Novak Djokovic secured his 24th grand slam title and became the oldest US Open champion in the Open era after a gruelling victory over Daniil Medvedev.
The 36-year-old Serbian, who is back up to world number one, beat third seed Medvedev 6-3 7-6 (5) 6-3 for a fourth Flushing Meadows crown.
The match hinged on a marathon second set lasting 104 minutes, which was longer than both players’ entire first-round matches.
Djokovic won it after a tie-break to move 2-0 up and finally break Medvedev’s spirit, going on to gain a measure of revenge after the Russian denied him the calendar grand slam in the final here two years ago.
The win also moved him level with Margaret Court’s record of major titles, although really that is a statistical irrelevance given the obvious difference in the level and depth of competition between now and the 1960s.
Of more importance to Djokovic is his record against his peers; he is now two clear of Rafael Nadal’s 22 grand slam crowns and four ahead of Roger Federer, who declared on 20 last year.
Having already won in Australia and Paris, Djokovic has picked up three major titles in a year for the fourth time in his career. Only the five-set defeat by Carlos Alcaraz in the Wimbledon final blemished his 2023 record.
Now he has surpassed Ken Rosewall, who was 35 when he won in 1970, and who did not have to contend with any sets lasting almost an hour and a quarter.
Djokovic, who missed last year’s championships due to his vaccine status, wore a tracksuit top adorned with the number 24 – which presumably would not have seen the light of day had he lost – for the trophy presentation.
He said: “I don’t know where to start, it obviously means the world to me. I’m really living my childhood dream to compete at the highest level in a sport that has given me and my family so much.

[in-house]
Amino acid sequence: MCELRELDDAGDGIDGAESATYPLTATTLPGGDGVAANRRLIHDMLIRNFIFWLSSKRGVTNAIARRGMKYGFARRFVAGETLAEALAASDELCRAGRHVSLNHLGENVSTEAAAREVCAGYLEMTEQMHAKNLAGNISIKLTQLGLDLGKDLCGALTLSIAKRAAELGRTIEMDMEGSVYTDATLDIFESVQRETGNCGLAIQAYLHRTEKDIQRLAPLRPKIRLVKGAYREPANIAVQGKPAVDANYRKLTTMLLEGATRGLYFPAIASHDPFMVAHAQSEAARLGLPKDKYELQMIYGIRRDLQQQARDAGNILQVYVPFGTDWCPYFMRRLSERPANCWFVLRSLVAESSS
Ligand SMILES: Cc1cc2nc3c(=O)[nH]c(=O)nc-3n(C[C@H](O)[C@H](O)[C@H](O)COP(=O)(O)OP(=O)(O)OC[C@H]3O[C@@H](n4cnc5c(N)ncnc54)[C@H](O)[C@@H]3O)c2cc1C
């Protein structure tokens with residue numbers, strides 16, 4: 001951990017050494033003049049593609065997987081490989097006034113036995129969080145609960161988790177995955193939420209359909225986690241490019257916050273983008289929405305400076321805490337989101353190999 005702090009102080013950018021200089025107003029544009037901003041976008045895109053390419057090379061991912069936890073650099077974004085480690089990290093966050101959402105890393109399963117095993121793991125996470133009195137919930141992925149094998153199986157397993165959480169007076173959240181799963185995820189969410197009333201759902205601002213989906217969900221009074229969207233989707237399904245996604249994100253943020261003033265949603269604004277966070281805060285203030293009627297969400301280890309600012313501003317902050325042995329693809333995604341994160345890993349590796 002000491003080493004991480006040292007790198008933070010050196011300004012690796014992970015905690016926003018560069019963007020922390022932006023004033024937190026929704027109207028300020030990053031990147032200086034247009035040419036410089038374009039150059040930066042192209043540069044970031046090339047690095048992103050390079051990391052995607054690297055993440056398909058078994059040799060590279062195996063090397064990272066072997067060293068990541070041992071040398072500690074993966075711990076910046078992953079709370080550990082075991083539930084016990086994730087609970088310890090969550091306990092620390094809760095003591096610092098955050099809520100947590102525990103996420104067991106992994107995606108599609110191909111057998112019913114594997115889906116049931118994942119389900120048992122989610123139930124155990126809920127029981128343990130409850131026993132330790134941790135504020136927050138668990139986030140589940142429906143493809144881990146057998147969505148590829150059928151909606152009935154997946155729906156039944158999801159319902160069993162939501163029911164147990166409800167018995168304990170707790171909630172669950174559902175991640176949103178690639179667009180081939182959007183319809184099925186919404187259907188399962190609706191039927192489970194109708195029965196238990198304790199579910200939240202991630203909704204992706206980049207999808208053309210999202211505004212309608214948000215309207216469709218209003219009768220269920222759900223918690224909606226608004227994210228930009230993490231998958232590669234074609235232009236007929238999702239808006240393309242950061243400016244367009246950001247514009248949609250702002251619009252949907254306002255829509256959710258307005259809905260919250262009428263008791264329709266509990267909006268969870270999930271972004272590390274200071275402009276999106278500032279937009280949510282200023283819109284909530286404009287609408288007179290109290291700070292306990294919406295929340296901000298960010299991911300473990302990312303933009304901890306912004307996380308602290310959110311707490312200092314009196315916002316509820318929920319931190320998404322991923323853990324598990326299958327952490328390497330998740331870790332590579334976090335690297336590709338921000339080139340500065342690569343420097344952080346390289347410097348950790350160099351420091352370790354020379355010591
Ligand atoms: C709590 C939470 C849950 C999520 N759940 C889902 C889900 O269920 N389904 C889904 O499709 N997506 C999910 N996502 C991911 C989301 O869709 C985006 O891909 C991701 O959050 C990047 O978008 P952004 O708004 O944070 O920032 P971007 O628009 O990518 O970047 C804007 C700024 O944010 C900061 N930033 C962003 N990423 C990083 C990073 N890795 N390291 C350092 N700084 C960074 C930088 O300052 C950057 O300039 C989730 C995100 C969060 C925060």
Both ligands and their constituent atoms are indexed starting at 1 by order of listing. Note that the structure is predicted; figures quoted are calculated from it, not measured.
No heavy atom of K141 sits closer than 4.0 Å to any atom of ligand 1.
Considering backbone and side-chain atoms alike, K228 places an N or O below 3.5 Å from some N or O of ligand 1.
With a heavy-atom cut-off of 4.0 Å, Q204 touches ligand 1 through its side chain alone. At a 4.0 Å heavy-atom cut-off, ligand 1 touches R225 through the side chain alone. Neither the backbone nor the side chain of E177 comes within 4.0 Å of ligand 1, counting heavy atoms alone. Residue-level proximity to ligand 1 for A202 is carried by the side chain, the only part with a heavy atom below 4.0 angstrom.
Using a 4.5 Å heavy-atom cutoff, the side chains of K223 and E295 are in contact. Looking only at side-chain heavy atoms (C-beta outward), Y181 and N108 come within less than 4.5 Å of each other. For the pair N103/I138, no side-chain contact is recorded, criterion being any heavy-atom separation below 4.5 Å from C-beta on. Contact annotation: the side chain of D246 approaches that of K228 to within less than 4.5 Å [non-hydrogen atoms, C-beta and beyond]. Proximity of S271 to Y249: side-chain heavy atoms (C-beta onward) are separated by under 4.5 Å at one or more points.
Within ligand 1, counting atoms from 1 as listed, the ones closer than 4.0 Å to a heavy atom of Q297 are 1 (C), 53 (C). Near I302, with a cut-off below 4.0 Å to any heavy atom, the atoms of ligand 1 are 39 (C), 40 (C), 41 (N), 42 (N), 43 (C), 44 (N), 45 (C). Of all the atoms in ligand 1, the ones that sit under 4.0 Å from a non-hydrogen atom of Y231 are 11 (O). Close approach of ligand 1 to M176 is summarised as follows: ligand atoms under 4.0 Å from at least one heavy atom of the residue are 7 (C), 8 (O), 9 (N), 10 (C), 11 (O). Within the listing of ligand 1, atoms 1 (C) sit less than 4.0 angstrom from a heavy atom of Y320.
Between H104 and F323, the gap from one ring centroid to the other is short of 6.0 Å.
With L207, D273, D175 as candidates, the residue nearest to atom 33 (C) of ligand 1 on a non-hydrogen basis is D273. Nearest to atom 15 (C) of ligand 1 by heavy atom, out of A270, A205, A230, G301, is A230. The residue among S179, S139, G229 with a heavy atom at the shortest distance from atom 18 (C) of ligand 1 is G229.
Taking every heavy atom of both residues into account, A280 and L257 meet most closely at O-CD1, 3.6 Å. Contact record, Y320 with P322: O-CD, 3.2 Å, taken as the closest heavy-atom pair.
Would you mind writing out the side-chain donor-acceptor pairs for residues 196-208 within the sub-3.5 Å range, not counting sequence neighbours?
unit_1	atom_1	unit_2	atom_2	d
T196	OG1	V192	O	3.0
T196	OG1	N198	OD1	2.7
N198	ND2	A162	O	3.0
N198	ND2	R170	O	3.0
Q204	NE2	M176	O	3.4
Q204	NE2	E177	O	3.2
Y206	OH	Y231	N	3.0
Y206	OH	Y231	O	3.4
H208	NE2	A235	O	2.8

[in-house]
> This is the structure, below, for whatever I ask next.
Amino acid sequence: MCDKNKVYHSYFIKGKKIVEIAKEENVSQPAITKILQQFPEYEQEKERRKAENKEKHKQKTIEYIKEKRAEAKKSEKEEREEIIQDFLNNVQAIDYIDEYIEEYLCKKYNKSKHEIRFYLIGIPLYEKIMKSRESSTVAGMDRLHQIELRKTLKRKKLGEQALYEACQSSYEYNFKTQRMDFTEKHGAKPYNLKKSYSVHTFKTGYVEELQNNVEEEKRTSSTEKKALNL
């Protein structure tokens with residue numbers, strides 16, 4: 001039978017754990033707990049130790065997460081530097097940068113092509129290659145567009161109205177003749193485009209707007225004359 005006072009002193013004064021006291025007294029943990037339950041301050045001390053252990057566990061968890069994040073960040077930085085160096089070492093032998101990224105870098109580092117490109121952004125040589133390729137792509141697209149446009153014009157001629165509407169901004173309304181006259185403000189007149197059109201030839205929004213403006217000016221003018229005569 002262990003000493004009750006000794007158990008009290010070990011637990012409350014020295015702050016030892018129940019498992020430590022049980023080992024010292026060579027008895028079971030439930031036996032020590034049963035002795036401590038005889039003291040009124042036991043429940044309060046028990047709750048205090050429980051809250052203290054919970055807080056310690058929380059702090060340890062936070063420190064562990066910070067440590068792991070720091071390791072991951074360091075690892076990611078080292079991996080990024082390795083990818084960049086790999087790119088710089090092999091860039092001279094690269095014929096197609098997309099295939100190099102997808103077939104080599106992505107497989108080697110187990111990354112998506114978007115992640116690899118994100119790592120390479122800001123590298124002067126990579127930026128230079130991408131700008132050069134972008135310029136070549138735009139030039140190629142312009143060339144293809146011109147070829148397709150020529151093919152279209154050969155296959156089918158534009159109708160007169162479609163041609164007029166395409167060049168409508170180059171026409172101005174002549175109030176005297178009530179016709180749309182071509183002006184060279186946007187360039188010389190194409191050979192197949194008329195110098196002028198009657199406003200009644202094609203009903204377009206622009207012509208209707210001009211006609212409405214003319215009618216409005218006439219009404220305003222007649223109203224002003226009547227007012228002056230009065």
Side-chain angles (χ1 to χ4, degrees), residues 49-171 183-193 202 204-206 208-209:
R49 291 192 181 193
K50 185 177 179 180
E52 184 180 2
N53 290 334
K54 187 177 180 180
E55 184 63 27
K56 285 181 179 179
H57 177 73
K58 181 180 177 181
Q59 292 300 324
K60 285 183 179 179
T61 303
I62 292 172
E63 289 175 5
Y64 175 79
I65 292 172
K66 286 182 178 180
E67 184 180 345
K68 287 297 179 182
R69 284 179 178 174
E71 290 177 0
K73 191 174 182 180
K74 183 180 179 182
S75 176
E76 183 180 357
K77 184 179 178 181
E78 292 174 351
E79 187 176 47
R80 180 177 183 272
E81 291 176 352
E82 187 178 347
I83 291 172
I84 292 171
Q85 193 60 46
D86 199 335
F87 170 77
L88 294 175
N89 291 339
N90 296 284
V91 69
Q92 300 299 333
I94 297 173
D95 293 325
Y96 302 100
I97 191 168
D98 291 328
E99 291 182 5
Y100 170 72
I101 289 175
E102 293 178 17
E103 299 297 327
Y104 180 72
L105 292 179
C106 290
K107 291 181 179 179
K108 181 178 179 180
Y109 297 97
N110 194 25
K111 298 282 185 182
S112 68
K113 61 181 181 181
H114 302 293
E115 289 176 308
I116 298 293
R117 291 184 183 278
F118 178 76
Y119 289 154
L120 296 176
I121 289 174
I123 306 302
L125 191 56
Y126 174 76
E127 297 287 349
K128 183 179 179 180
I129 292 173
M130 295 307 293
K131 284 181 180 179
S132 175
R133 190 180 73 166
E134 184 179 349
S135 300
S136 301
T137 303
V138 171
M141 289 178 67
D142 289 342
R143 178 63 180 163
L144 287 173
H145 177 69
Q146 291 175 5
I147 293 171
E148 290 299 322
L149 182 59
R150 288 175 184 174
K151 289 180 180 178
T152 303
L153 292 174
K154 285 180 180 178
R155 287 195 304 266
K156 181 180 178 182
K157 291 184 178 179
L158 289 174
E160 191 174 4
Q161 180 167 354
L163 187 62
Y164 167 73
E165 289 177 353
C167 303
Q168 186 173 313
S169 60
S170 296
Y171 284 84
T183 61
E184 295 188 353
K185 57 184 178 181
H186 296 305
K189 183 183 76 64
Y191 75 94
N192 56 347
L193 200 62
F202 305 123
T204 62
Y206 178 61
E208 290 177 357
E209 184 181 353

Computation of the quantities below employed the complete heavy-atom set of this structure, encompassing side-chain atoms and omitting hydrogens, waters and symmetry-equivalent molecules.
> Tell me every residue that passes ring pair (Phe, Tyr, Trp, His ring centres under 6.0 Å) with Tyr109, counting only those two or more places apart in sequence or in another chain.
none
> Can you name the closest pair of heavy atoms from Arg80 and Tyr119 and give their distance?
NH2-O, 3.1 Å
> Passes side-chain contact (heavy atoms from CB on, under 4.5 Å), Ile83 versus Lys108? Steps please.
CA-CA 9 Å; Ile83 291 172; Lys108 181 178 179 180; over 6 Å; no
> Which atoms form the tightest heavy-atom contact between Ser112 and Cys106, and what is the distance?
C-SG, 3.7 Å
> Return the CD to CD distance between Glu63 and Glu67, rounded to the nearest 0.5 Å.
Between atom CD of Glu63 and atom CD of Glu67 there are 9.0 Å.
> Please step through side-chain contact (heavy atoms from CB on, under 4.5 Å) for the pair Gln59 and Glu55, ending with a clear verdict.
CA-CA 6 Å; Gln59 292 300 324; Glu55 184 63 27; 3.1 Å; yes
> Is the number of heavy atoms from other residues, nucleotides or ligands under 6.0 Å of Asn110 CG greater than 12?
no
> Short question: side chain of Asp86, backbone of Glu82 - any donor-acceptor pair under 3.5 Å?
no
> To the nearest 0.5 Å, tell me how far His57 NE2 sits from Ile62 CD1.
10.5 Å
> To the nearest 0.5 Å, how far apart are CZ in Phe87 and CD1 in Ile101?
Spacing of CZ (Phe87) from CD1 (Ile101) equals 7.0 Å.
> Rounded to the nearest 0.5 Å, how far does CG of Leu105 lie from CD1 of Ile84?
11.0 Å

“I never imagined I would be standing here talking about 24 slams. But the last couple of years I felt I had a chance, a shot at history, so why not grab it?”
A Medvedev double-fault and a blistering backhand winner down the line gave Djokovic the early break point which he converted to love to subsequently take the first set in a relatively speedy 48 minutes.
But Medvedev, returning from about a quarter-of-a-mile behind the baseline, made Djokovic toil in the second set and it began to show with the favourite showing signs of fatigue.
After an hour and three quarters he produced his first break point of the match but Djokovic, with an obvious change of game plan in a bid to shorten the points, expertly snuffed it out with a big serve and an immaculate volley.
Medvedev had set point on the Djokovic serve but another volley at the net dealt with that, and when tie-break slipped away from the 27-year-old, the match soon followed.
Medvedev said: “First of all I want to ask Novak what are you still doing here? I mean come on.
“I don’t know when you are planning to slow down a little bit. I feel like I have a good career, I have 20 titles, but you have 24 grand slams. Wow!”